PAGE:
Hinkley Point C workers

Bosses at Hinkley Point C have pushed back the start of electricity generation by six months to June 2026 and said it will cost £500m more than previously thought.

French energy firm EDF said it has made “significant progress” at the site near Burnham-On-Sea despite the impact of Coronavirus and lockdown restrictions.

The plant is now due to open in June 2026 and not in 2025 as planned and will cost between £22bn and £23bn.

Original estimates for the cost of the new power station had been £18bn in 2016 but they have been repeatedly revised up.

Previous costings for the plant had been £21.5bn and £22.5bn in July 2019, and £20.3bn before that.

The first reactor’s base was completed in June 2019 and the second reactor base was completed on time last summer.

The number of workers at the site has been reduced to enable social distancing during the pandemic.

Where that is not possible, workers have used additional protective equipment.

Plans for Hinkley Point C were announced more than a decade ago and they gained government approval in 2016.

Hinkley Point A ceased producing electricity in 2000, while Hinkley Point B will be decommissioned no later than July 2022 due to its age. It is expected to generate electricity for up to six million homes, equating to about 7% of the UK’s energy supply.

Managing Director of Hinkley Point C Stuart Crooks says: “None of this extra cost is carried by British consumers.”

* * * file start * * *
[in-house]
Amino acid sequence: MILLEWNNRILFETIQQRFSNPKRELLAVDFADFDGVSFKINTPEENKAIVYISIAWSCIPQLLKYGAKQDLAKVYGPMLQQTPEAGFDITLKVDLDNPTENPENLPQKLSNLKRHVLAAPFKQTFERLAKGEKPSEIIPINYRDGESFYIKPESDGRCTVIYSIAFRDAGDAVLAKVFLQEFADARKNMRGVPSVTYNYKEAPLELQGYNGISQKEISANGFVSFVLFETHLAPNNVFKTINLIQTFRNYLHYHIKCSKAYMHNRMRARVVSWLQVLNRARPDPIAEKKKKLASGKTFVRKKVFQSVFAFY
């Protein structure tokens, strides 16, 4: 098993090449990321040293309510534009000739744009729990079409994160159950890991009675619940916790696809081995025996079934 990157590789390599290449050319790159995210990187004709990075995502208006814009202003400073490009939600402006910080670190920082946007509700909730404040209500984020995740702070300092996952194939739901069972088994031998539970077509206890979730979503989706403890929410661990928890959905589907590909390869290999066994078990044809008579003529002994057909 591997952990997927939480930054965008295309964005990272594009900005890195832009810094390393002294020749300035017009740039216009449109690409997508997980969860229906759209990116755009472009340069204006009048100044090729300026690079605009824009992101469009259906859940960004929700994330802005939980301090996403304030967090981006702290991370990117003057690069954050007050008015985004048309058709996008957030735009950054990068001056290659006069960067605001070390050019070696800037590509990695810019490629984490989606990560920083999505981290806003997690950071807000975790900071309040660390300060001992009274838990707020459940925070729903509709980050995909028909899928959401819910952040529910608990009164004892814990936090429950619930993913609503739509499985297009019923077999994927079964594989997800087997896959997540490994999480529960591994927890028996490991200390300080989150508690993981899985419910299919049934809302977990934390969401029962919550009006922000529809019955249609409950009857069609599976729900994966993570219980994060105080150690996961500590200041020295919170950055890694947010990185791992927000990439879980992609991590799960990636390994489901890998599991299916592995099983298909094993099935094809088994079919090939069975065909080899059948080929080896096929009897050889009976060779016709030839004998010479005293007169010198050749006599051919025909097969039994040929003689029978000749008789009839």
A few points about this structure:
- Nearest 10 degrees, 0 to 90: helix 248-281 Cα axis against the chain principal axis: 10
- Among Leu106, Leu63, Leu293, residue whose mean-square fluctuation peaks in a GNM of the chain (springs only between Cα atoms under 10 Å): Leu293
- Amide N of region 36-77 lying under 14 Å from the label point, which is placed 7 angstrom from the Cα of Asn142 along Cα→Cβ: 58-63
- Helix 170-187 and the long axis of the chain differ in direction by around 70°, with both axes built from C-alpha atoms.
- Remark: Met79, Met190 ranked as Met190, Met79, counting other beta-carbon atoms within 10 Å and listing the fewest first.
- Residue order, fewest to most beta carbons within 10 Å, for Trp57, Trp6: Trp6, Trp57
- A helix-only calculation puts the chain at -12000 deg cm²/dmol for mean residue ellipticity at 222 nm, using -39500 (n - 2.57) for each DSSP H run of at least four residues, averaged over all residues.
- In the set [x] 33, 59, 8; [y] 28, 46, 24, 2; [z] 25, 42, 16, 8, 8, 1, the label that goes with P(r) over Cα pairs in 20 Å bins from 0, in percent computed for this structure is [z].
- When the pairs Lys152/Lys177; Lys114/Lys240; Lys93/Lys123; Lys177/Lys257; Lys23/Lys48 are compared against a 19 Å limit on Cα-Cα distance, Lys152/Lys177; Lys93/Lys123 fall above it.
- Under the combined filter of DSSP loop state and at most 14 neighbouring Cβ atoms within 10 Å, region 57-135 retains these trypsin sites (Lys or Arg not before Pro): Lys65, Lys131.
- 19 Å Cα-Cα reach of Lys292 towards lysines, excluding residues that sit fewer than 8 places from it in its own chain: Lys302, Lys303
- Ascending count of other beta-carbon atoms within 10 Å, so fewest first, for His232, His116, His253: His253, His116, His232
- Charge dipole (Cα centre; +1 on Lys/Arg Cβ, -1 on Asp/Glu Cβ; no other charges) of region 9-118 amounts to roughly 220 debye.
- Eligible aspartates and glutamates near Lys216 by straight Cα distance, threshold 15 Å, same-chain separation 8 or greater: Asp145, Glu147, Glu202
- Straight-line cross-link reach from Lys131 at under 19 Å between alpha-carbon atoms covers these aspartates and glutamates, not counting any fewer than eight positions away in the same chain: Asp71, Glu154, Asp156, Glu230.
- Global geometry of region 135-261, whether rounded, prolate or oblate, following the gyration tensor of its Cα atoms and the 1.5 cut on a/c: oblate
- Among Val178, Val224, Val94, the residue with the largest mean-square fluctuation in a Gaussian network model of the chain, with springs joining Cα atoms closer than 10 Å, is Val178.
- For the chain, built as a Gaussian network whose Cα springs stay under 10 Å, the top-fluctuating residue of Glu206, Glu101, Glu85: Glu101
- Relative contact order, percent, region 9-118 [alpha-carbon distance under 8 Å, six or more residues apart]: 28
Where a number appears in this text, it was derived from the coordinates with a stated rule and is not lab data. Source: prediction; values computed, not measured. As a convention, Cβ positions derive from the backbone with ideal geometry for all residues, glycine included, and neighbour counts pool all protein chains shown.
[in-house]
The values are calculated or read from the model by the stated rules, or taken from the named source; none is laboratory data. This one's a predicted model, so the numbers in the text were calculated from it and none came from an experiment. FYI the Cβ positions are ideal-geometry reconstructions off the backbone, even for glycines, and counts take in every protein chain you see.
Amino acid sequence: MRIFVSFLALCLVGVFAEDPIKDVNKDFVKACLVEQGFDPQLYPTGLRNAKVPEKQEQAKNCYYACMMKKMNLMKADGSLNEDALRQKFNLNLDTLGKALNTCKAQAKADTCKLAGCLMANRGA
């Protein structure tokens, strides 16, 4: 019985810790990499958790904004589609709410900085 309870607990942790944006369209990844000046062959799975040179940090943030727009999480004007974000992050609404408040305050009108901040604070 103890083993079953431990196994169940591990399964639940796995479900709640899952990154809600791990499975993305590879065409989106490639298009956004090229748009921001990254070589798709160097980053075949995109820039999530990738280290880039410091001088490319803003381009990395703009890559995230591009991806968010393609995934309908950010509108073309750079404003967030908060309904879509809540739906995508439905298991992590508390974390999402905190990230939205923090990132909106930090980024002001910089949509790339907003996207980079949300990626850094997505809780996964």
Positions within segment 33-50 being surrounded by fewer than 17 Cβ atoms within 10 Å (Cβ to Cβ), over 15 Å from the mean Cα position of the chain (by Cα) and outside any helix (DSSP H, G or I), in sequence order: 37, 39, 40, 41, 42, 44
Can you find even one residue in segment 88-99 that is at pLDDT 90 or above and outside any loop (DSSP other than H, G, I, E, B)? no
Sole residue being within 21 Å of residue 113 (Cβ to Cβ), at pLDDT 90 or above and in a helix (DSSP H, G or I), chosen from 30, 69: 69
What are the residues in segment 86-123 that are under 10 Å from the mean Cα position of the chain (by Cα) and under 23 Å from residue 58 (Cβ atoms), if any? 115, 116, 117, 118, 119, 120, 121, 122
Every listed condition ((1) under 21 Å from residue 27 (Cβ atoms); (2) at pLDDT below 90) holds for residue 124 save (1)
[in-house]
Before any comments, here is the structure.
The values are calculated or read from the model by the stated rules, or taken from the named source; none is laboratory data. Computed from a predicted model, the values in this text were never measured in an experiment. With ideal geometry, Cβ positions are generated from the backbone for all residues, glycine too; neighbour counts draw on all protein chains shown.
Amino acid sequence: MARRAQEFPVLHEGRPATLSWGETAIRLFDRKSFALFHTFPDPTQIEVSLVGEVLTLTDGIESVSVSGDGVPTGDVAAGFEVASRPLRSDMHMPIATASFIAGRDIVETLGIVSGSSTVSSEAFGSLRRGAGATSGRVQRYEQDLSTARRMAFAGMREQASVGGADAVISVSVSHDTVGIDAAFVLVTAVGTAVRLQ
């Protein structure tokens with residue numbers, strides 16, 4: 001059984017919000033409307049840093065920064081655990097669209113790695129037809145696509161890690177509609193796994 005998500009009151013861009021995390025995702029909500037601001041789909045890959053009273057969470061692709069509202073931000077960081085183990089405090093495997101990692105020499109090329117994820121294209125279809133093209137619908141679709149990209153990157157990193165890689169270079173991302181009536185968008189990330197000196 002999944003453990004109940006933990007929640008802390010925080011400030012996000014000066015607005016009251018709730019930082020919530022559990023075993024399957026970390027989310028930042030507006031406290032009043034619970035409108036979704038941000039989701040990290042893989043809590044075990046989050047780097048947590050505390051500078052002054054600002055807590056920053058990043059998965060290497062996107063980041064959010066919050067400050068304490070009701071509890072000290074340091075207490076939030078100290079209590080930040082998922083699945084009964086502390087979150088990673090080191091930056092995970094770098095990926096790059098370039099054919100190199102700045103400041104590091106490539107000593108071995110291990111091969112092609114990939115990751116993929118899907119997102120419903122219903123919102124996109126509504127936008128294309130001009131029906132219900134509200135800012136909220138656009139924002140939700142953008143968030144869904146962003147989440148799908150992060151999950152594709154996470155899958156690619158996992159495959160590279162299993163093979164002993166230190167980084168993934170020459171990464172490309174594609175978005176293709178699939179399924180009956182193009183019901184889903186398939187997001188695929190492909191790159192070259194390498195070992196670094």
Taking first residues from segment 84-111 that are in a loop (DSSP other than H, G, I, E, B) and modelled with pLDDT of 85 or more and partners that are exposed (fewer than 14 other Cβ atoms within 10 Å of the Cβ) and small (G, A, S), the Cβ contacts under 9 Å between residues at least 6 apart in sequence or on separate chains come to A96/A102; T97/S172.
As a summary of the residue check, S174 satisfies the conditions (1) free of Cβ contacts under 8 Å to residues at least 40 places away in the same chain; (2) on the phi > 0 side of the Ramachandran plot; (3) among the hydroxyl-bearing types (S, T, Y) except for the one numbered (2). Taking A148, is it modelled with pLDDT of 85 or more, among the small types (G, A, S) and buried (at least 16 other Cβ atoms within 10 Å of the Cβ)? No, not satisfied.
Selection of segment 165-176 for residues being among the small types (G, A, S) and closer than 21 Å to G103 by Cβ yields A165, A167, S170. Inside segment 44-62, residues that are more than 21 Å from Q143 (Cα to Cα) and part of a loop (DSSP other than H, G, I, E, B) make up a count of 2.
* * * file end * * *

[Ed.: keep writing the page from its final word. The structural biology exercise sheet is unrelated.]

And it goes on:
He goes on to say: “At the start of the crisis we postponed some of our work in order to create space and keep people safe while on site.”

“The aim was to bring in additional resources to catch up that lost time but ten months on it’s clear that the pandemic is still in full force.”

“So far, we estimate we’ve lost around three months of scheduled time and we estimate we could lose up to another three months in 2021, assuming the conditions allow us to ramp back up resources following Easter.”

Hinkley Point C Timeline

  • October 2013

David Cameron visited the site and announced the new plant would bring thousands of jobs to the whole of the South West and supply seven per cent of the nation’s energy needs.

  • July 2016

During the last year however the project has been beset with problems. The French firm EDF put off a decision on at least three occasions before finally approving it in July.

  • September 2016

Government announced they have decided to proceed with the first new nuclear power station for a generation

  • March 2017

First concrete successfully poured for power station

  • December 2017

The Christmas families in the UK were promised they would be cooking their turkeys with power from EDF’s new nuclear plant at Hinkley Point C.

  • January 2018

EDF said Hinkley C will come online by the end of 2025.


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